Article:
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Just how FREE are you anyway?

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This post is a continuation of my previous post “The bondage of MORE”, where we saw that the need for “MORE” brings about a type of bondage that can be extremely difficult to break free of.

As anyone can tell you, when you are in bondage you are not free. You are a debtor, or slave to that which has you bound. Every choice and decision you make is centered around satisfying the source of your bondage.

Does that sound like freedom to you? Of course not, yet untold millions of Christians are living this very life today. They should be free, having been set free by God’s Son, yet find themselves ignoring the clear mandate of scripture to avoid becoming entangled again with the yoke of bondage. [1]

Jesus had much to say about freedom, and rightly so because he is the great Liberator. In one of his many exchanges with the temple Jews, Jesus had an encounter with them concerning the freedom that comes from knowing Him.

Then Jesus said to those Jews who believed Him, “If you abide in My word, you are My disciples indeed. And you shall know the truth, and the truth shall make you free.”

They answered Him, “We are Abraham’s descendants, and have never been in bondage to anyone. How can You say, ‘You will be made free’?”

Jesus answered them, “Most assuredly, I say to you, whoever commits sin is a slave of sin. And a slave does not abide in the house forever, but a son abides forever. Therefore if the Son makes you free, you shall be free indeed. [2]

In these verses we find that Jesus has told the temple Jews of two distinct ways in which they can be free. Now, keep in mind that these Jews thought themselves above the need to be set free because they claimed to be descendants of Abraham. They were, of course, familiar with the social hierarchy where both free and slave co-existed. To them it was simple. The Jews were at the top of the ladder, while Gentiles and slaves were at or near the bottom.

The first way they could know freedom was to abide in, or follow, the Word that Jesus taught them. If you will do that, He said, “you shall know the truth, and the truth will make you free”. In essence Jesus was telling them that if you will lay aside your religious traditions and instead follow me, you will be free. Free of guilt, free of sin, and free of bondage.

We understand then that truth brings freedom both in this life and ultimately eternal salvation. Where does this freedom producing truth come from? It comes from God’s Word. If they would accept the truths that Jesus gave them, they would be completely free.

The second way they could no freedom was to place their trust in the One who had the power to set at liberty them that are held captive. [3]  Jesus told them that “if the Son makes you free, then you are free indeed“. How could he make such a statement? It was because as the Son of God, He abides forever as ruler over the house of God. In other words, He alone has such authority.

All of this brings me back to the question “Just how FREE are you anyway”? This is a question that all of us need to answer. If we say we hold to the truth that “if the Son makes you free, then you are free indeed“, do our actions reflect this? If we agree that “the truth shall make you free“, are we living our lives as one who is not bound by the “lusts of the flesh, the lust of the eyes, and the pride of life“? [4]

I submit that until and unless we are daily trusting in the Lord Jesus for our every need, we are not completely free. That doesn’t mean that we aren’t saved and on our way to heaven. It does not mean that we are not a child of God.

What it DOES mean is that we are living in a place where we shouldn’t be, which means we are unnecessarily having to struggle with things that the Lord can give us victory over. After all, “if the Son makes you free, then you are free indeed“.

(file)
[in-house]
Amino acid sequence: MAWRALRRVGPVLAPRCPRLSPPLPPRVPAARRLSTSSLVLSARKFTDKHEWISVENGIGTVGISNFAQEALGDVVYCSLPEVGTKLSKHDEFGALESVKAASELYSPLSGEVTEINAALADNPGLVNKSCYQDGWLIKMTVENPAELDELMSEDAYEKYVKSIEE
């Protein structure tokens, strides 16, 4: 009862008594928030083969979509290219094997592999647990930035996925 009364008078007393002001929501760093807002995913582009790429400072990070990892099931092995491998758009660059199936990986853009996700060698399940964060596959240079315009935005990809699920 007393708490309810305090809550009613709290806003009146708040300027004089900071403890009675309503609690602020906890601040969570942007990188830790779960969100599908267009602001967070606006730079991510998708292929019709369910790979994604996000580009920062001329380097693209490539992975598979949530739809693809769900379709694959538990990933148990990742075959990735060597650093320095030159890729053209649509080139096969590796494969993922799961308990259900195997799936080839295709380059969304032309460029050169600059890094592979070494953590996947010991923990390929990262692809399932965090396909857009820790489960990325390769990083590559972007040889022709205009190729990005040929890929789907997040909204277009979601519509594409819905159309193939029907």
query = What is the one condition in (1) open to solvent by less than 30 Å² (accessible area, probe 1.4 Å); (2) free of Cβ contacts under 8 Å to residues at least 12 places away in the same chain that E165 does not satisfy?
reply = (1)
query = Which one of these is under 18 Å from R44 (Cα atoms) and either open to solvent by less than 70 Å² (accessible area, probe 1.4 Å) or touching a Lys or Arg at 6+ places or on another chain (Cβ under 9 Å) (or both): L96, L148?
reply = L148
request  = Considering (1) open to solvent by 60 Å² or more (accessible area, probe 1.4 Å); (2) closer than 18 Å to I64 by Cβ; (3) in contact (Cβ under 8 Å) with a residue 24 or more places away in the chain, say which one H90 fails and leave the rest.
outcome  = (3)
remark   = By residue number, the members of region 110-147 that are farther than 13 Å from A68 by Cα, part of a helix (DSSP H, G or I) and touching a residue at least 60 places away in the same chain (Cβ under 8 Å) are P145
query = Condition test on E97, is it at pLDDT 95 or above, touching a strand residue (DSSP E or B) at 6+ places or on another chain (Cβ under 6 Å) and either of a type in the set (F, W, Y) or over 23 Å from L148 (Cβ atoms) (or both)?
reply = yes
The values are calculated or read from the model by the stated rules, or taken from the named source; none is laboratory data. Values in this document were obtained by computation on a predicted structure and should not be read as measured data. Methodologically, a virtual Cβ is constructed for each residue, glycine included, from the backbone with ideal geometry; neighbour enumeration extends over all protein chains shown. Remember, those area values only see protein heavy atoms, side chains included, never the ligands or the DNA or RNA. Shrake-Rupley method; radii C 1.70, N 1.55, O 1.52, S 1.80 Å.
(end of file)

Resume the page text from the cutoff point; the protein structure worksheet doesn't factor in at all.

There is no freedom like the complete freedom that God offers to us. Being “free indeed” means there are no chains still attached to us. There is nothing we are in bondage to. Our hearts and minds are free of guilt. We are free to live our lives in a way that pleases Him, not ourselves. Complete freedom in Christ means victory.

That’s how free I want to live my life, and I trust you do as well!

Have a blessed day everyone,

Ron

 

[1] Galatians 5:1  KJV

[2] John 8:31-36  NKJV

[3] Luke 4:18  ESV

[4] 1 John 2:16  NKJV

Thanksgiving Memories

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Thanksgiving Day has always been my favorite holiday of the year. When I think back to my early childhood, Thanksgiving Day was always the holiday I looked forward to the most. Aside from getting out of school for a few days, the expectation of seeing Aunts and Uncles, and cousins my own age to play with was something I looked forward to with great anticipation.

Well, that and knowing there was going to be a mountain of great food to eat! Even today, my wife believes the food is the real reason I love Thanksgiving. Me, I’m not saying one way or another.

Those happy times are forever etched in my mind, and as another Thanksgiving approaches, I enjoy remembering the laughter and non-stop chatter around our crowded kitchen table. I remember how that all of us kids who had to sit at the “kids table longed for the day when we could set at the grown-up’s table and join in.

For days and days my parents would be preparing special things that were only served on Thanksgiving Day, and I know that they always brought home the largest turkey the store had. We could also count on any visiting relatives to bring along even more goodies, and could my Aunts ever cook! I think I could write an entire blog just about my mom’s turkey and dressing, and my Aunt Marlene’s chocolate pie made me wish I had eaten nothing else but that!

The men in my family always went hunting on Thanksgiving morning, and being a young boy I wasn’t allowed to tag along because I would either slow them down, get hurt, or some other made up reason to keep me home. I was forced to stay behind and endure the heavenly smells coming from the kitchen, which, I can finally admit, wasn’t so bad after all.

At long last the dinner hour had come, and everyone gathered in the kitchen. I honestly don’t remember if anyone said Grace before the meal, as none of my family was particularly religious. If they did, I’m sure it fell on deaf ears with me as I stared at a turkey leg, or a large ham, knowing that very soon I would be enjoying a heaping plate of delicious food.